As you start to expose this data back to your consumers via API endpoints, you should expect high concurrent reads, perhaps on the order of 1,000+ QPS. You generally don’t want latency to creep above 150 ms. Any more than that and the user is going to start to “feel” it. You should measure your latency the right way, because the reality is your website will feel slow even if just P99 latency is slow. So don’t trust your UX to vanity metrics like average response time.
- Ingestion can kill reads if you aren’t careful.
Too many times have I seen people running benchmark tests on static data systems. This is crazy. Static systems are like 100x easier to manage than dynamic systems. In a static test you can cache stuff, but then it’s not real time. When you benchmark a system, make sure you ingest at the same time that you query.
- Not all endpoints query the same amount of data.
As always, the Pareto principle applies: 20% of the resources you create will get 80% of the requests and account for the majority of your scanned data. If you are fetching stats for a resource or client with high usage, these analytics endpoints will need to process more data to get the same metric. So when you run benchmark tests, it doesn’t make sense to distribute endpoint tests across a random sample of parameters, because a random distribution might not accurately capture those 20% of calls that need more resources. Rather, you should stratify your tests across endpoint parameters to get an accurate representation of the whole population.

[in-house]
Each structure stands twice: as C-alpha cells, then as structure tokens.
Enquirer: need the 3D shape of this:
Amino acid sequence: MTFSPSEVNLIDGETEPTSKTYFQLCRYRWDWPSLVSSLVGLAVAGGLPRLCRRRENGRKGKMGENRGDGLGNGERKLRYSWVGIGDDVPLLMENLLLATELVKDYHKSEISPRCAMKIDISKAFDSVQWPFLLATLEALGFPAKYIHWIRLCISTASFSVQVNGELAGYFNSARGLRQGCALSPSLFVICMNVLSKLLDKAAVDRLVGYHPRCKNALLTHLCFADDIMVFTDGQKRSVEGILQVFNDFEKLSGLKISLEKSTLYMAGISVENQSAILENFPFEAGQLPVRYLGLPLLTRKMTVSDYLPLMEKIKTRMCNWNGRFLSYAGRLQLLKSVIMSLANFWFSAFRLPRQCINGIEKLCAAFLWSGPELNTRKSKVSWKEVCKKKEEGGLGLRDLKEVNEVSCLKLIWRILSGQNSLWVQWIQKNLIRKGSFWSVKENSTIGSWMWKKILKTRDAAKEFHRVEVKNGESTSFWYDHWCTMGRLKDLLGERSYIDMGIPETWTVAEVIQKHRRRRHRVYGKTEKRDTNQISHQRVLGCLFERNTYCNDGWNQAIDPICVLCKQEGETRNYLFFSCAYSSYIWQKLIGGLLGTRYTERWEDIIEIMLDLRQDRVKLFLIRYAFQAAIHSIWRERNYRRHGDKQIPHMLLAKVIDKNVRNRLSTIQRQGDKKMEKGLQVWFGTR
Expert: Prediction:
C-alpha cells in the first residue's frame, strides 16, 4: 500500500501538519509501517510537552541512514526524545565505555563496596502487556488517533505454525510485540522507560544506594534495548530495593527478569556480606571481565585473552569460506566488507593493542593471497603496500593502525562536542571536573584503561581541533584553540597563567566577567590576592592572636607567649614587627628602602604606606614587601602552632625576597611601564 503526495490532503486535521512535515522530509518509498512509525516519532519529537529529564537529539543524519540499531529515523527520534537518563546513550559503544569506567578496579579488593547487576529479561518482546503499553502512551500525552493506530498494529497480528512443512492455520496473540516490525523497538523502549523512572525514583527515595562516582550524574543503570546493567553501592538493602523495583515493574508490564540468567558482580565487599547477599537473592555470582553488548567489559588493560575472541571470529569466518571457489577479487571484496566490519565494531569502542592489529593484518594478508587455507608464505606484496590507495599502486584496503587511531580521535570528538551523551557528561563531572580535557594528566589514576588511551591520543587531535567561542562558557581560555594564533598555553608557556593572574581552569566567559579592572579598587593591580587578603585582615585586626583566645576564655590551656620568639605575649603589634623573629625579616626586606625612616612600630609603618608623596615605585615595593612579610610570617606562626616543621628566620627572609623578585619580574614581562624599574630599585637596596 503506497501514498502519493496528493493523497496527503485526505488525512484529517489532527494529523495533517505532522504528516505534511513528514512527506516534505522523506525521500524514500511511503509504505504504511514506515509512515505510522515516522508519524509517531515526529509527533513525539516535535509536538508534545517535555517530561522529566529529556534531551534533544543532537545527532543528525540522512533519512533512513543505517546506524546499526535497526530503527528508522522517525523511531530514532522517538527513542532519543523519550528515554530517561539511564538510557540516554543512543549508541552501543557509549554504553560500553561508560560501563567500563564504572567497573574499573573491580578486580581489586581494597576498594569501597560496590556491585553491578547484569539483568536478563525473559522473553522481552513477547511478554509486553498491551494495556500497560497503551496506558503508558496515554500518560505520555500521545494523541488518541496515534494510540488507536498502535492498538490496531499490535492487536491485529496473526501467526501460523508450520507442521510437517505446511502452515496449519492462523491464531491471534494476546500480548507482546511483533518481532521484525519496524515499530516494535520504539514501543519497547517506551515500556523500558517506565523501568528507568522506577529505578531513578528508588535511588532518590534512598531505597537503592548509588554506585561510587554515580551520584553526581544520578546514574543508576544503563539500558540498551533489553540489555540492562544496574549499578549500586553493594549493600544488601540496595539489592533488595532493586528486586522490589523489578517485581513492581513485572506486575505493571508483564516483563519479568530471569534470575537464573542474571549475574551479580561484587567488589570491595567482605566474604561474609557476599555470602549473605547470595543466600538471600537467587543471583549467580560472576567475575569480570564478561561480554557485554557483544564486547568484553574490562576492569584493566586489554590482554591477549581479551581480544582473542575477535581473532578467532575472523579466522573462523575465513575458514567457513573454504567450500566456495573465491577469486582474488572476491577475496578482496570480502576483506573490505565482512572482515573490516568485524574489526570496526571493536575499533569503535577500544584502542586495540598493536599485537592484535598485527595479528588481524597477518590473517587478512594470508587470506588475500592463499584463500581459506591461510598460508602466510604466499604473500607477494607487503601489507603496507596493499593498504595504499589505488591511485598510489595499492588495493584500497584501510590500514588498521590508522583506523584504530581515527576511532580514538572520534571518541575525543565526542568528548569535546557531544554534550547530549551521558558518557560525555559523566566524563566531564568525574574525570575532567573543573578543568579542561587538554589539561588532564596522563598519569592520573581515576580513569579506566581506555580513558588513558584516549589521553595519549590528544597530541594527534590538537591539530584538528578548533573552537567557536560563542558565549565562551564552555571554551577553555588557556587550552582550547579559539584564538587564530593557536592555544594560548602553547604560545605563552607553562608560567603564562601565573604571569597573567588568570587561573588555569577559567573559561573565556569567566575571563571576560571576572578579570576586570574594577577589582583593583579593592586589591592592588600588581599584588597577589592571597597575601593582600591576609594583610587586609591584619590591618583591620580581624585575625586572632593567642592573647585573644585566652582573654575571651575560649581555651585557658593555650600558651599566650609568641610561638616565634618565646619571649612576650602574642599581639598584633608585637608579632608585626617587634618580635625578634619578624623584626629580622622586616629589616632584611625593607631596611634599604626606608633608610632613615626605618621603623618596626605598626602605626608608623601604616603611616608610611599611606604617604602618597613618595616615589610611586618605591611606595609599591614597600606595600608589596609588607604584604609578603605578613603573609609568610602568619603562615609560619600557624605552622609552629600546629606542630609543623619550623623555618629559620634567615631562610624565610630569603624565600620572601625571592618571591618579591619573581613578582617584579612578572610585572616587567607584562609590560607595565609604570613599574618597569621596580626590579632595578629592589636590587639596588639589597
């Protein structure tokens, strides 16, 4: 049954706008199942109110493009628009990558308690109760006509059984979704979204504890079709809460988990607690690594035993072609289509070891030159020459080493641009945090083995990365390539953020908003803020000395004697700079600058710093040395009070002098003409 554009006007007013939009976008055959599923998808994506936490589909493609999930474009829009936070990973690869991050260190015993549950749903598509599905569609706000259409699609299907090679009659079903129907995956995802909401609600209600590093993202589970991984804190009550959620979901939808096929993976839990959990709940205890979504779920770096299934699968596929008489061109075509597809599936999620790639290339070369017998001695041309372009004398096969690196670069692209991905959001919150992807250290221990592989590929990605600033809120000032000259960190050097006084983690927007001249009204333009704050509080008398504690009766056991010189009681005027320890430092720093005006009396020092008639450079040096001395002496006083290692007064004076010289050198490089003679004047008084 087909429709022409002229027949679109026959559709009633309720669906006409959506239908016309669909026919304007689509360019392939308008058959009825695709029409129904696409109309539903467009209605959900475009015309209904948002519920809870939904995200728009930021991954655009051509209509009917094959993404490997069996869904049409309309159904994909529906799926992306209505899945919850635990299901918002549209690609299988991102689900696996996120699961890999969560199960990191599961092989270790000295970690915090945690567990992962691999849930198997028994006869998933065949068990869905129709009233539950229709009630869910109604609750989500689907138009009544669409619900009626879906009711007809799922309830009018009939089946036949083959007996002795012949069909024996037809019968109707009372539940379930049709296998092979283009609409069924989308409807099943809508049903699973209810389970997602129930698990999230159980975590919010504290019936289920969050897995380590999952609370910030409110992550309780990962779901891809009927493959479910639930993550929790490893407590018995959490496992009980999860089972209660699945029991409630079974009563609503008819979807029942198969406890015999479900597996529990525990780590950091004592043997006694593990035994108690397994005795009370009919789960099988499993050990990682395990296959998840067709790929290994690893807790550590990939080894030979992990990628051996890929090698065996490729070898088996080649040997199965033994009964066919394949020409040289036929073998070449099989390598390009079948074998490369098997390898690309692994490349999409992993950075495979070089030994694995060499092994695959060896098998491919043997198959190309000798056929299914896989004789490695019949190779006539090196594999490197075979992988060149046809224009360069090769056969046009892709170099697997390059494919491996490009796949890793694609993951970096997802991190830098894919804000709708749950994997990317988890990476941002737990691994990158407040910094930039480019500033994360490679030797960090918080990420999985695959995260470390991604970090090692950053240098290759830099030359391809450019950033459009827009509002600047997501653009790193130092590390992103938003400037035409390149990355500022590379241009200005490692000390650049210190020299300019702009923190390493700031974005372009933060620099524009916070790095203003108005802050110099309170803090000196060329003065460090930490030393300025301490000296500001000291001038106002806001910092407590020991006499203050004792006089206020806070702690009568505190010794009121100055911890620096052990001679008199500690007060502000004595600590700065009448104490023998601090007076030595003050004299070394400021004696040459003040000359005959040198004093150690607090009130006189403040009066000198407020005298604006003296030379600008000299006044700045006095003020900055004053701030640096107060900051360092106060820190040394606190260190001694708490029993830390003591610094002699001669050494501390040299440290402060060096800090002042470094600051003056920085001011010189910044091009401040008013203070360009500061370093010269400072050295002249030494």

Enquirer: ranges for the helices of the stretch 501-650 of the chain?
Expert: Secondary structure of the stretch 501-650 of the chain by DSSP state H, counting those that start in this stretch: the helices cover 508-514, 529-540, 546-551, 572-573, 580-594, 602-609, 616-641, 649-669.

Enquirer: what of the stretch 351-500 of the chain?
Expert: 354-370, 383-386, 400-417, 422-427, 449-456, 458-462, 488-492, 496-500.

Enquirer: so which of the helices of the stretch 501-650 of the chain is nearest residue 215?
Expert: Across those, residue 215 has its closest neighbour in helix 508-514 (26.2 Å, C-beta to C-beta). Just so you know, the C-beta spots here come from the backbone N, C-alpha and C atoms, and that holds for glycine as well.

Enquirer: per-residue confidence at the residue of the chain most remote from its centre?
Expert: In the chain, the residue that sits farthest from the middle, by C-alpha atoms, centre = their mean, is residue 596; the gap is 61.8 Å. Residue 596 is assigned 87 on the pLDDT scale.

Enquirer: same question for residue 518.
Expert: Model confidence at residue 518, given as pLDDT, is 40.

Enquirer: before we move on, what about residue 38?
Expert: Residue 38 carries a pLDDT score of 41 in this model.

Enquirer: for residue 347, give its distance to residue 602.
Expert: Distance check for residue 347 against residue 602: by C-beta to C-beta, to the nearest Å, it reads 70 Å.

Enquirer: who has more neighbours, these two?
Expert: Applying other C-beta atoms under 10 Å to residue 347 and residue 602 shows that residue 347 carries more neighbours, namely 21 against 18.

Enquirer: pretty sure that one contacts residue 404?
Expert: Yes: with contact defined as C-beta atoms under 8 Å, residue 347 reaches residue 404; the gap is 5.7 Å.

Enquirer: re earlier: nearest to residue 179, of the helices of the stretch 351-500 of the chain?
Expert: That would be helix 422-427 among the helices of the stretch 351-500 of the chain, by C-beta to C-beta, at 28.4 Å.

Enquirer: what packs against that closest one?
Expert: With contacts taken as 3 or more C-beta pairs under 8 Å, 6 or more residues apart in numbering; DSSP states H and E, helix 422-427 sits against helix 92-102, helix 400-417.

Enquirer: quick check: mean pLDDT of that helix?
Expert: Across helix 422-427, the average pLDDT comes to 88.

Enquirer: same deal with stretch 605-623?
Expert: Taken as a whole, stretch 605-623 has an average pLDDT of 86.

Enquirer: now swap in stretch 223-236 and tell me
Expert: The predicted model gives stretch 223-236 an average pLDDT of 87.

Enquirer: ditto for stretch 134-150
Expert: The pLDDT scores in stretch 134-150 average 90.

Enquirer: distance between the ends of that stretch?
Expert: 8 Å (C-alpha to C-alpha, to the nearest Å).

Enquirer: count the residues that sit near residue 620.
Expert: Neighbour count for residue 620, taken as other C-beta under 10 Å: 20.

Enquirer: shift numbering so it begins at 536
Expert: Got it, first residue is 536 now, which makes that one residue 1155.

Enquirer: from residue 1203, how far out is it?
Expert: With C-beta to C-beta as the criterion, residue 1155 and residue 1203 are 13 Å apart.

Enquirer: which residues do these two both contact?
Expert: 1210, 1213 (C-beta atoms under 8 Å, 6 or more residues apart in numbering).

- Handling one-off massive scale events is really hard.
Scaling fast is nearly impossible with a system like this. Don’t go into these kinds of endeavors thinking you’ll simply “scale dynamically.” Be prepared to start devising a plan for Black Friday (or similar such events) like… now. Clock’s tickin’.
- Frontend design has a huge impact.
Bad frontend design can have serious UX consequences when you’re dealing in realtime latencies. It doesn’t matter if the endpoint takes 10ms if the frontend needs 400ms to render the results. Also, it can get really easy to take down the system if you start overloading it with superfluous requests. Focus on calling just the data the user is actually interacting with (similar to lazy image loading). Cache data that you’ve already fetched and anything that doesn’t need to be real time.
- Can you keep systems running while making schema changes?
As you build and manage this system, one thing is for certain: Your data model and queries will change. Do you know how to keep everything running, avoid data loss, and keep your endpoints performant while you change the schema, generate a materialized view, change the endpoints, and so on?
- Monitoring performance can generate a ton of data.
At this scale, observability basically becomes its own data project. Think about it: If you want to track something simple like P99 response time for a system serving 500 QPS, that’s more than 43M rows of data every day. Are you prepared to manage all your observability metrics data, too?
So that’s it. Eight challenges you should absolutely expect when you start playing in the realtime, “big data” world. I’m sure there are more, but this should be plenty to get you thinking in the right direction.
If you want to talk through any of these, you can find me in the Tinybird community Slack.